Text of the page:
Nokia has announced that worldwide shipments of its N-Gage game deck have passed the one million mark for the first time since the platform was first launched 11 months ago. During that time the device was heavily revised, with the newer QD version featuring many changes from the original model’s specification.
In a statement, Nokia called the news “a significant milestone” in the portable gaming market. The one million amount refers to the number of devices in circulation rather than those actually sold to customers.
The Nokia N-Gage, along with its more recent update N-Gage QD, is a pocket-sized games system that includes smartphone features.
“We’re proud to have reached the one million milestone. Thanks to the enthusiastic consumer response to the N-Gage QD and our latest titles, we’re confident that our success in leading the mobile gaming world will continue,” said Ilkka Raiskinen, Nokia senior vice president of games.
Raiskinen also revealed that Nokia had signed up more than 100,000 N-Gage Arena members. The N-Gage Arena is a global mobile gamer community where members can communicate with each other, compete against gamers in other locations and access exclusive content, events and activities. Members can connect to the N-Gage Arena via their game deck, Arena-enabled game or through the internet.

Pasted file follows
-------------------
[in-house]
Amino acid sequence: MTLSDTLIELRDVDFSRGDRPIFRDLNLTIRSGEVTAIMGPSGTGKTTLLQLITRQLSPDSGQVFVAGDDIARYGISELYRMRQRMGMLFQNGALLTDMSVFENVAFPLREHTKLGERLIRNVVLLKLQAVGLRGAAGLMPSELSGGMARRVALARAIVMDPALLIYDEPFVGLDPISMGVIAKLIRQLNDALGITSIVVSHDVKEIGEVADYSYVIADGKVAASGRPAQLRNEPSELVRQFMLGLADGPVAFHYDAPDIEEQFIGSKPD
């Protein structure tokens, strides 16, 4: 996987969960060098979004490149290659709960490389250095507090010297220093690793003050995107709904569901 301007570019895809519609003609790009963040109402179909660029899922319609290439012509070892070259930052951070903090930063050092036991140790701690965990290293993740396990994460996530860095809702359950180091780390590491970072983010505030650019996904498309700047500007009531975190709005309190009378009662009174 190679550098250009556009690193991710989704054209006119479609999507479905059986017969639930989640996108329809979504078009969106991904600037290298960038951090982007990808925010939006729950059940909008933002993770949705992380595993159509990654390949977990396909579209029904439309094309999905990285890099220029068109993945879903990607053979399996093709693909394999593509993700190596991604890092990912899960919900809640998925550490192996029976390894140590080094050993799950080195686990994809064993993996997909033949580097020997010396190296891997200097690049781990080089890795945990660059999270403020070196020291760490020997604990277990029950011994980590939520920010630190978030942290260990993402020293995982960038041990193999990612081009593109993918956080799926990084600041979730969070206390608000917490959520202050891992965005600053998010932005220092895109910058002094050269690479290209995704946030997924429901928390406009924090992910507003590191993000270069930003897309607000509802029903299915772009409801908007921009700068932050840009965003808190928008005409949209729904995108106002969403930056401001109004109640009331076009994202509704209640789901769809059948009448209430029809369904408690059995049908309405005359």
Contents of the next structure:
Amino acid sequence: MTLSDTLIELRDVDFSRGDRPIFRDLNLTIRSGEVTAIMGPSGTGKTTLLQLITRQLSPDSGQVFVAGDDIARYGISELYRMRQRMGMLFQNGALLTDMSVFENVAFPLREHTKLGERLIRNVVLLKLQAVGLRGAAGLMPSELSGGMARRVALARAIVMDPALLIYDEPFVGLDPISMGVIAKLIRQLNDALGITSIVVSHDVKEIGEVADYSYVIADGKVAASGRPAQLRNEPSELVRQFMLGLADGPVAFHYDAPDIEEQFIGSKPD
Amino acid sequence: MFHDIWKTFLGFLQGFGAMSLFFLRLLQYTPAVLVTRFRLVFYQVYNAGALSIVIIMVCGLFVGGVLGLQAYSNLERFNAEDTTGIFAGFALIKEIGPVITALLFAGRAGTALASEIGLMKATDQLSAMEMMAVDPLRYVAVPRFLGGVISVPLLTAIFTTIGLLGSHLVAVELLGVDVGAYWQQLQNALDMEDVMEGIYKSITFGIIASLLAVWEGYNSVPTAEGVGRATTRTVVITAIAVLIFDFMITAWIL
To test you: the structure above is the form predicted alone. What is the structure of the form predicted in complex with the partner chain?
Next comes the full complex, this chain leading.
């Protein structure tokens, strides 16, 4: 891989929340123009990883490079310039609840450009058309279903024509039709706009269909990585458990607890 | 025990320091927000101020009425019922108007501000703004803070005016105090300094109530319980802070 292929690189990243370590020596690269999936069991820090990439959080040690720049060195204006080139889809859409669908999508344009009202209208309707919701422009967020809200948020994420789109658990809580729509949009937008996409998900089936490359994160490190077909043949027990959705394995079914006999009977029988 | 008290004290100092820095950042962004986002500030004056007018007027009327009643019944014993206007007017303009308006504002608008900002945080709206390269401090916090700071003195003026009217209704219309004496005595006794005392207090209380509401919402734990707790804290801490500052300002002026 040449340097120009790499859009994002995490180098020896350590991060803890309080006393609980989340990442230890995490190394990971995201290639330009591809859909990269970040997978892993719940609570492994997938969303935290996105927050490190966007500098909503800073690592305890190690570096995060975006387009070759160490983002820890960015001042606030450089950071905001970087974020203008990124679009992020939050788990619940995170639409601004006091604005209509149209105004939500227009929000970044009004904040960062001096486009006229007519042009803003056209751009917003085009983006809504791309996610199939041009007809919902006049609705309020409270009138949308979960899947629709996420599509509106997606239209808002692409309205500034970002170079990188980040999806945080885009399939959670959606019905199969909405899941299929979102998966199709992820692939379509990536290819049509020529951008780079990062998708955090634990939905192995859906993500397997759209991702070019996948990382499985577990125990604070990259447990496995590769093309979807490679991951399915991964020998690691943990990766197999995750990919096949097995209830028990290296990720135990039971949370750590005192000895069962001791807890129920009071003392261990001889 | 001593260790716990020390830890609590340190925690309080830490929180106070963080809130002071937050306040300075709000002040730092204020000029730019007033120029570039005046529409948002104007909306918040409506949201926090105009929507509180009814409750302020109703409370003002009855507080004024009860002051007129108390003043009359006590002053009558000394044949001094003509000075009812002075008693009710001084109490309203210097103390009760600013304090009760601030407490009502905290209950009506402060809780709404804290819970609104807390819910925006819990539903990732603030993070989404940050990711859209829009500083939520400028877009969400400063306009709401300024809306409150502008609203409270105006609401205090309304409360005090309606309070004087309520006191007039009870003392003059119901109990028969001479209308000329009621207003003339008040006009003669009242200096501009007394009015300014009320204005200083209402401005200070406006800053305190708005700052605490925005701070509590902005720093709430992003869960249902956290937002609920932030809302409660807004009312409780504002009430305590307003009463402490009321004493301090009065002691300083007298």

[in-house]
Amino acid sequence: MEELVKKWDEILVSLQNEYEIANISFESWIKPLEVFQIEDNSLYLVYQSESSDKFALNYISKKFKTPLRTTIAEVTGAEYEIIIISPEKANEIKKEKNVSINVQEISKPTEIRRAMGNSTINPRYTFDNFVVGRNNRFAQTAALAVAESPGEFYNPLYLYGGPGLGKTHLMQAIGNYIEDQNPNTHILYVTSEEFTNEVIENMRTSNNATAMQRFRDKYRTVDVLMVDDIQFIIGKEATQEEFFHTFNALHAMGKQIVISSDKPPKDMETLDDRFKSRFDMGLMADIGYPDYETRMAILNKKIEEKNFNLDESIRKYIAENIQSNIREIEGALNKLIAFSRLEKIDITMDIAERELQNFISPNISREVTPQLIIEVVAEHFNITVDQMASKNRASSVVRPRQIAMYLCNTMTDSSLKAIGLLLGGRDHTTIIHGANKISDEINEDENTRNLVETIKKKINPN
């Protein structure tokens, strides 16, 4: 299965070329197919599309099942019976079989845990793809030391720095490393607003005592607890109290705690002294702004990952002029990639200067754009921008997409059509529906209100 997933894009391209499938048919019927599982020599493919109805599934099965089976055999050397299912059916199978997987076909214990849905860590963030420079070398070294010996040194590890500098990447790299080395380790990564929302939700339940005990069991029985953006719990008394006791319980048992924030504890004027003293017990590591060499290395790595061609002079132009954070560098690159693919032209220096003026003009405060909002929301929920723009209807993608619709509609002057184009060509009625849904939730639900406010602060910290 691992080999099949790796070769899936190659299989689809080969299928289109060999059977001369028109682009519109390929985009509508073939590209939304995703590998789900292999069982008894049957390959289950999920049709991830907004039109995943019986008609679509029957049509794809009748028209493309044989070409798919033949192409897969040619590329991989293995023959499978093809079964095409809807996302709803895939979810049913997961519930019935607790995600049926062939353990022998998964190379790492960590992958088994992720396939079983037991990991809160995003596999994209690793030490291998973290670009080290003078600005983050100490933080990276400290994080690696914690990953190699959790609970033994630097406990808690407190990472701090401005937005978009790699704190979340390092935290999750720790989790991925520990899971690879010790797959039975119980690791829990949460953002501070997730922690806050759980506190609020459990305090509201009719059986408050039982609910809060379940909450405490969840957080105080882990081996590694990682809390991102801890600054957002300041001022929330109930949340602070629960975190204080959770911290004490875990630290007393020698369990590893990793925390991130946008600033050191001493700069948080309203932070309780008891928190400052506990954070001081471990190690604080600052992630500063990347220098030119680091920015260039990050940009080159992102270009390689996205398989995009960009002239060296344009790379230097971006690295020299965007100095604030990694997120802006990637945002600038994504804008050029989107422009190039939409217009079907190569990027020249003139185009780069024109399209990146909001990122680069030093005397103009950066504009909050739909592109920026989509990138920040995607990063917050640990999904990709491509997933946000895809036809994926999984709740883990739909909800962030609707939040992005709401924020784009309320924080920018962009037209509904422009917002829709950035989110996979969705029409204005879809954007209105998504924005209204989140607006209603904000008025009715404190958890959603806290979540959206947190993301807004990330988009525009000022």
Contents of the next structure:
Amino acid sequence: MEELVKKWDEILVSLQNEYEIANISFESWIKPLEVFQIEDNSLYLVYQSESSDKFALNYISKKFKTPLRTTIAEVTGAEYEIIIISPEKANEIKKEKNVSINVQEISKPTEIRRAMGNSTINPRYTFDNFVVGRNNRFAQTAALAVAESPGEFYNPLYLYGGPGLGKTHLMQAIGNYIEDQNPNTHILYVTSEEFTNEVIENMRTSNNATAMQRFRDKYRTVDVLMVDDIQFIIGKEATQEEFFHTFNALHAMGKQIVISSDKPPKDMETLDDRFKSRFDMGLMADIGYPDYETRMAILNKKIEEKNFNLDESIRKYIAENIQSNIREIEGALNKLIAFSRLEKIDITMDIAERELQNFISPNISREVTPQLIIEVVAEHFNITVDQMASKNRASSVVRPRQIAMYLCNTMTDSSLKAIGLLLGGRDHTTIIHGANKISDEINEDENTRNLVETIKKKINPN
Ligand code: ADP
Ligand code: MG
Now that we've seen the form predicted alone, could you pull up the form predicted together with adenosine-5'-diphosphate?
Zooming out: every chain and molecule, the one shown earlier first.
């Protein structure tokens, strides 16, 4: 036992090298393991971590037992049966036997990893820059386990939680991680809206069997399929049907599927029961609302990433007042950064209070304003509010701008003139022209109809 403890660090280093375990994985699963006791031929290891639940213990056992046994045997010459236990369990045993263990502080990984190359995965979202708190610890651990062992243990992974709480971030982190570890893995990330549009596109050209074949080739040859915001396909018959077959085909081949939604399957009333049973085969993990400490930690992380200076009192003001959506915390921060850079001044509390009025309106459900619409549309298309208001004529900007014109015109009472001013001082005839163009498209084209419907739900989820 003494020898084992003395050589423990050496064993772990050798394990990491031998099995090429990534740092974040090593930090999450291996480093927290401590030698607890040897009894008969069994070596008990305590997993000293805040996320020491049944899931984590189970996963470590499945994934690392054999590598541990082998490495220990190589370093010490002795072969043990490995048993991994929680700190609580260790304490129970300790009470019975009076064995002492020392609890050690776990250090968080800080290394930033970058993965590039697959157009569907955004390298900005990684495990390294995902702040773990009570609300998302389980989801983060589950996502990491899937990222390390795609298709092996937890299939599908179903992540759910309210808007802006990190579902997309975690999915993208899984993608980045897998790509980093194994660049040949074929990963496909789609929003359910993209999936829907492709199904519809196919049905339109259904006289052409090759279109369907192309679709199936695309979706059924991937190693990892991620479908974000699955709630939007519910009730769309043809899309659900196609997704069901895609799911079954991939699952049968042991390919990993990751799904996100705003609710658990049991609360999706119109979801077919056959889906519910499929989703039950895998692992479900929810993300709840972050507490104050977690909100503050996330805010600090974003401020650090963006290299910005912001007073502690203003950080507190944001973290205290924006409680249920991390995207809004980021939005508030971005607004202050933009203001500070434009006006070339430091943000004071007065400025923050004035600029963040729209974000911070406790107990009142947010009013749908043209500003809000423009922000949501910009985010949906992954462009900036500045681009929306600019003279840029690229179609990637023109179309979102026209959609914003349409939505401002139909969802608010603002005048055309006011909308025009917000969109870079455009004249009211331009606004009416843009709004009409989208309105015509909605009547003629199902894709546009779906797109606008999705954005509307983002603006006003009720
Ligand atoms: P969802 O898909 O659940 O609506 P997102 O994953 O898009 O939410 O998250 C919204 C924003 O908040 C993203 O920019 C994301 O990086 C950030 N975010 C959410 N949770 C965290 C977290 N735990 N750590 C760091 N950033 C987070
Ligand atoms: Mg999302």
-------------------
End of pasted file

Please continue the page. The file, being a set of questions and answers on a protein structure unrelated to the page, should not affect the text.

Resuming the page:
Nokia said that it would further expand the number of games available for the N-Gage platform in time for the Christmas market. Anticipated titles include Pathway to Glory, Pocket Kingdom: Own the World, FIFA 2005 and others.
Nokia did not meet its one million mark without some hitches along the route. A mere seven months after first releasing the first N-Gage, it launched the successor which addressed many of the widely perceived snags with the earlier version, including issues with battery life, gaming controls and the phone mode. The QD was fitted with a hot-swappable slot for installing new games whereas with the first N-Gage, users had to remove the battery in order to fit games cartridges.
In phone mode, the position of the microphone and speaker on the QD were rearranged and placed on the front of the device, more akin to a standard mobile phone. The earlier N-Gage came in for criticism because users had to hold the device like a seashell when making calls.
By Gordon Smith